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Ducks Return to the Track

Jan 28, 2021

Robert Johnson's preseason meeting with the Oregon track and field and cross country programs Monday went on a little longer than normal.

After all, the Ducks don't just have a season to prepare for; they also had to discuss protocols for traveling to and competing in meets held during the ongoing pandemic. Still, that couldn't dampen the mood.

"The kids' enthusiasm level," Johnson said the next day, in a video conference with local media, "is through the roof."

Not since last March have the Ducks donned their school colors and taken to the track against opponents from other schools. Oregon was a day away from competing at the 2020 NCAA Indoor Championships when the pandemic brought the meet, and the rest of the season, to a halt.

Competition finally resumes for the Ducks on Friday, when they open the two-day Razorback Invitational, hosted by Arkansas. That kicks off an indoor schedule that will include at least three other meets, scheduled concurrently with a cross country schedule that also currently includes four meets.

The NCAA Indoor Championships also will be hosted by Arkansas, March 11-13, while the NCAA Championships in cross country will be hosted by Oklahoma State on March 15.

For the last year, the Ducks have trained with and against each other but they're finally poised to enter a meet as a team again, after nearly a year.

"You can hear the excitement level in some of their questions; you can see the excitement at practice," Johnson said. "Just a different vibe around the facility this week."

The Razorback Invitational has been a regular event on Oregon's competition calendar in recent years. But this weekend will feel different, in multiple ways.

For one thing, Johnson said, the Ducks took more than 70 athletes to the meet a year ago. This year, due to COVID-19 protocols, entries are limited to 27 men and 27 women.

Also, the Ducks generally have had the benefit of at least one "rust-buster" prior to heading to Arkansas. This year, the rust better have been busted in training sessions, intra-squad meets and time trials earlier this winter.
"There won't be any off events," Johnson said. "We're going to hit the ground running."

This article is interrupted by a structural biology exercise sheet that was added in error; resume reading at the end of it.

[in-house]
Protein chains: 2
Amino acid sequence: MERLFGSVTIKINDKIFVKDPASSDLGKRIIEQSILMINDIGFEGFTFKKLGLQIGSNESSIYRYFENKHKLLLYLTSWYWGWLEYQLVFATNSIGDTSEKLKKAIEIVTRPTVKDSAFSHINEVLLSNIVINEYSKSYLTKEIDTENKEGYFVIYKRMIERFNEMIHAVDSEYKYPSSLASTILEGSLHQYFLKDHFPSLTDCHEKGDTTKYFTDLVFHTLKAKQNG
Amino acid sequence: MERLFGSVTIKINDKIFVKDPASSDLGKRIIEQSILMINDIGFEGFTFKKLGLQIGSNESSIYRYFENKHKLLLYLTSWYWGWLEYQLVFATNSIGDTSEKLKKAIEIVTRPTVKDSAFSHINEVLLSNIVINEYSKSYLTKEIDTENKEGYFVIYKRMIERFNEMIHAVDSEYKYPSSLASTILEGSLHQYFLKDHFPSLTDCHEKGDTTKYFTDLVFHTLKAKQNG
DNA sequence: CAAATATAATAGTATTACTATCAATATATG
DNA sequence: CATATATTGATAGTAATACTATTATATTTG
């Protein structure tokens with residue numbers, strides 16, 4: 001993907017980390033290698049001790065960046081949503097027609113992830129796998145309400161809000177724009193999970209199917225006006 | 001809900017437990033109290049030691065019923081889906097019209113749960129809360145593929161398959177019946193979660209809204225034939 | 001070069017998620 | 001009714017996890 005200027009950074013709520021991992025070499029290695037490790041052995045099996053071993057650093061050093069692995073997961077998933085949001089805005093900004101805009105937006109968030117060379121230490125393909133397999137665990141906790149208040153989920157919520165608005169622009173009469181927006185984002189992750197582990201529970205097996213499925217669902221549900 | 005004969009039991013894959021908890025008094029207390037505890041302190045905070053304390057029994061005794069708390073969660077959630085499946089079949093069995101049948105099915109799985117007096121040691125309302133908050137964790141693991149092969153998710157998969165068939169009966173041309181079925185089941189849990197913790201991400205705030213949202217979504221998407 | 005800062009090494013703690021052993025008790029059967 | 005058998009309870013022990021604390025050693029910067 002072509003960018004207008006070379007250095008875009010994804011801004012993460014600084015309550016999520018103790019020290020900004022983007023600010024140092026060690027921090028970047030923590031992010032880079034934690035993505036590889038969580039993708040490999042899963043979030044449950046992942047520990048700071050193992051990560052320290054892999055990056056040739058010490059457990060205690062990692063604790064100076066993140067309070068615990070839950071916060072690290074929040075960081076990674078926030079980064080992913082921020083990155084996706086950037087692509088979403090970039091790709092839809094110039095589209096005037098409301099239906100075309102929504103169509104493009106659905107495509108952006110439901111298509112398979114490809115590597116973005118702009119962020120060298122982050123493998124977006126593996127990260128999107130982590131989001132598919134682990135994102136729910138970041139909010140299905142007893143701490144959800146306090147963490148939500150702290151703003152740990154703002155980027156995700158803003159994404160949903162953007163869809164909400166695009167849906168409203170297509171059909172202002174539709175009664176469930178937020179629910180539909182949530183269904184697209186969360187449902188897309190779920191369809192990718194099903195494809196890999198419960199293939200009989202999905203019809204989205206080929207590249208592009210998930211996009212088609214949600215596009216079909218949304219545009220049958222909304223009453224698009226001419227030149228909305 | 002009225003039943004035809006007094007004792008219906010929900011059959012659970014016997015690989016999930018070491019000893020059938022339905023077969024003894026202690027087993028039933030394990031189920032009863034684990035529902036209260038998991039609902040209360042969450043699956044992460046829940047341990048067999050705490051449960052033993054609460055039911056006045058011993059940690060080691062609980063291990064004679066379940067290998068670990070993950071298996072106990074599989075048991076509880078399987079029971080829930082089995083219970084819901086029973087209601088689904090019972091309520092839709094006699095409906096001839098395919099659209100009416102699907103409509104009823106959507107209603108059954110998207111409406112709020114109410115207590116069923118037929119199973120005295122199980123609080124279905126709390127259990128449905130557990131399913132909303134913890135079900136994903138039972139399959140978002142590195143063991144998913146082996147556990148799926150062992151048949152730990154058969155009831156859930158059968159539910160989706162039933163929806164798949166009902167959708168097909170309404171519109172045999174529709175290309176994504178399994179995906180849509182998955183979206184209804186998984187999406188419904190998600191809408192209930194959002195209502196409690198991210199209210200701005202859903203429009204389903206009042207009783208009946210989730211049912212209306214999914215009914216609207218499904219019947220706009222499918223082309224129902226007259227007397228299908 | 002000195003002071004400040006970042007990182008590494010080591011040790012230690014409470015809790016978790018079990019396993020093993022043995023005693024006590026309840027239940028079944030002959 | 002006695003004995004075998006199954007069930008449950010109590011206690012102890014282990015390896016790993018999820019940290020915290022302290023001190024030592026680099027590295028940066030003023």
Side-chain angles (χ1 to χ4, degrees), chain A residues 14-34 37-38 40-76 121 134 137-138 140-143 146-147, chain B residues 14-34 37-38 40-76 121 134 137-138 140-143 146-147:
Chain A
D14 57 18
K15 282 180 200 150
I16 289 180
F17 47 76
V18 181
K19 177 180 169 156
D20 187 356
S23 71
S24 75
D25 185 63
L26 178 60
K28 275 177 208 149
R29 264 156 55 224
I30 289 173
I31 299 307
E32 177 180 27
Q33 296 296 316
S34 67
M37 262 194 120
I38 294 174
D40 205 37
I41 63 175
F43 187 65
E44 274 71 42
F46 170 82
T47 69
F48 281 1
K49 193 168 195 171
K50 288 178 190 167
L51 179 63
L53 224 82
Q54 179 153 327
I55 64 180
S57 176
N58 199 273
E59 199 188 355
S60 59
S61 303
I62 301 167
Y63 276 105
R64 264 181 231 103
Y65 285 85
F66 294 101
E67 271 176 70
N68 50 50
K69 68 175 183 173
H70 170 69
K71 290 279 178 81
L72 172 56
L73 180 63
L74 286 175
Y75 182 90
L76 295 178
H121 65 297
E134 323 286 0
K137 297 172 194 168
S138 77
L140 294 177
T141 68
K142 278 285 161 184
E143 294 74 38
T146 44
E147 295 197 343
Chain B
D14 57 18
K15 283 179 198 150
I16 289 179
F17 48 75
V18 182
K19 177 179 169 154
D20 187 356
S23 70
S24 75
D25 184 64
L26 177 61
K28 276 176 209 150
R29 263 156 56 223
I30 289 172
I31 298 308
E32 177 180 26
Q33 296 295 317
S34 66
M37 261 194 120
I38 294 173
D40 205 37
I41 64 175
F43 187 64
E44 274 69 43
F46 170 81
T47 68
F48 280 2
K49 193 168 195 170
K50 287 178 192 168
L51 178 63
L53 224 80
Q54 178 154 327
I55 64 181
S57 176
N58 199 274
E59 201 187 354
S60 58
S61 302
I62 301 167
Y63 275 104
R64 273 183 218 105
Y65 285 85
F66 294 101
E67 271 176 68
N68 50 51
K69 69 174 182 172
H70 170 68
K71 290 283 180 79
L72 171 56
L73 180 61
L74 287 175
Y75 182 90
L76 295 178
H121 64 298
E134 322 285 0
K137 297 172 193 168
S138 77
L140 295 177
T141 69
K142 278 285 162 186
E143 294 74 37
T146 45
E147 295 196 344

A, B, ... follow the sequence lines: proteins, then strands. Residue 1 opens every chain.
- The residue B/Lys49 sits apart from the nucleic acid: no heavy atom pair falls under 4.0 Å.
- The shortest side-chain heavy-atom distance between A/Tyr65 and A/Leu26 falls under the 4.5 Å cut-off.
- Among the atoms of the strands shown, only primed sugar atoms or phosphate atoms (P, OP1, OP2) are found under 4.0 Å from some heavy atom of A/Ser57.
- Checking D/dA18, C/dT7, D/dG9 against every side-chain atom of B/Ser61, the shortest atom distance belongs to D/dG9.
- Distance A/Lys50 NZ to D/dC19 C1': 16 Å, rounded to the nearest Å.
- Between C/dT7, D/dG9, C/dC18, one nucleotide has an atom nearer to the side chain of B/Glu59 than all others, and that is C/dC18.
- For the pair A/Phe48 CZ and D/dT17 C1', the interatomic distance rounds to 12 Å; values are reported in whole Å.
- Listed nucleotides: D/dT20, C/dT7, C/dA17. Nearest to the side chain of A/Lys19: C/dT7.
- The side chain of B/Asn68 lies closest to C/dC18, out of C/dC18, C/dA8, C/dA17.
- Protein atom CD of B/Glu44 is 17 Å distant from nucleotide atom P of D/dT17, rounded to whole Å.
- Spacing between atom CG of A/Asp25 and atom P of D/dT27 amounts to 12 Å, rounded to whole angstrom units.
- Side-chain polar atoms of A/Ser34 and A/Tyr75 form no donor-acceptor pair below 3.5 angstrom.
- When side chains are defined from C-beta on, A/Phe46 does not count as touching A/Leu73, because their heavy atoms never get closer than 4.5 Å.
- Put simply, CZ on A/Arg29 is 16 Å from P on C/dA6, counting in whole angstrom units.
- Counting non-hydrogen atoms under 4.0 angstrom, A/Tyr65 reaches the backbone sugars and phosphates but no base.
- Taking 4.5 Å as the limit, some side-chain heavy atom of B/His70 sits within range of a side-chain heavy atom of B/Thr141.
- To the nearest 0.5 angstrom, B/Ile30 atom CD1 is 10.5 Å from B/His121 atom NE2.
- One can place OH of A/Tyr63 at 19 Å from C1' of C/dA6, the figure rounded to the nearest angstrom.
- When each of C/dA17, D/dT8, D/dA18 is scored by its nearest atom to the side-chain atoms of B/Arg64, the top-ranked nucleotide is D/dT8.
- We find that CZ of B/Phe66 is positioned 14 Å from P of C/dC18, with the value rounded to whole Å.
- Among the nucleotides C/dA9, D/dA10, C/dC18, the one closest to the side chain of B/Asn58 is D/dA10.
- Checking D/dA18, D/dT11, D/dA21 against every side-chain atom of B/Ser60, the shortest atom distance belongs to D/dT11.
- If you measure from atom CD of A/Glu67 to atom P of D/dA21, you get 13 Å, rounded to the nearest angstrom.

Right from the start, the Ducks will be looking for marks this week that get them qualified for nationals. But while they're laser focused on that goal, Johnson knows his program will need to be ready to adjust, too, in the event the pandemic forces a change of plans along the way.

"One thing this pandemic has taught us is patience beyond belief," Johnson said. "So, have a plan A, have a plan B and keep having plans, to be able to adjust. …

"Nothing is set in stone. You need to be as flexible as possible. Our schedule hopefully indicates that, giving us maximum flexibility based on the curveballs we might get thrown."

Among the athletes who will need to be most flexible in the coming weeks are Oregon's distance runners, who face the prospect of the indoor and cross country seasons being contested concurrently.

The Ducks plan to host a cross country meet Feb. 5 at Lane Community College, and another there two weeks later, on Feb. 19. That second weekend also will feature an indoor event in North Carolina, and the NCAA Championships in cross country will be held two days after the indoor championship meet concludes.

How to balance all that? Let the results from meets in the coming weeks determine the best course for each student-athlete, Johnson said.

"That's been a big topic of conversation, one of those ones we're still working out," Johnson said. "But the ultimate theme there is for us to put athletes and put the University of Oregon in position to be successful. …

"Let them compete in cross country meets, let them compete in track meets, then get a better idea based on where they are."

The Ducks don't have an outdoor track and field schedule to announce yet, with gleaming new Hayward Field awaiting the first chance to host a meet.

Johnson said Oregon hopes to host a competitive event in April. That event's format, down to the basics of how many teams could participate, is still in preliminary planning stages. But Johnson is optimistic it can be a reality, a decision to be made in coordination with Lane County Public Health.

"They'll let us know," he said. "I think it's something we can do; I think it's something we can do safely. It's just a matter of working out the details and what that looks like."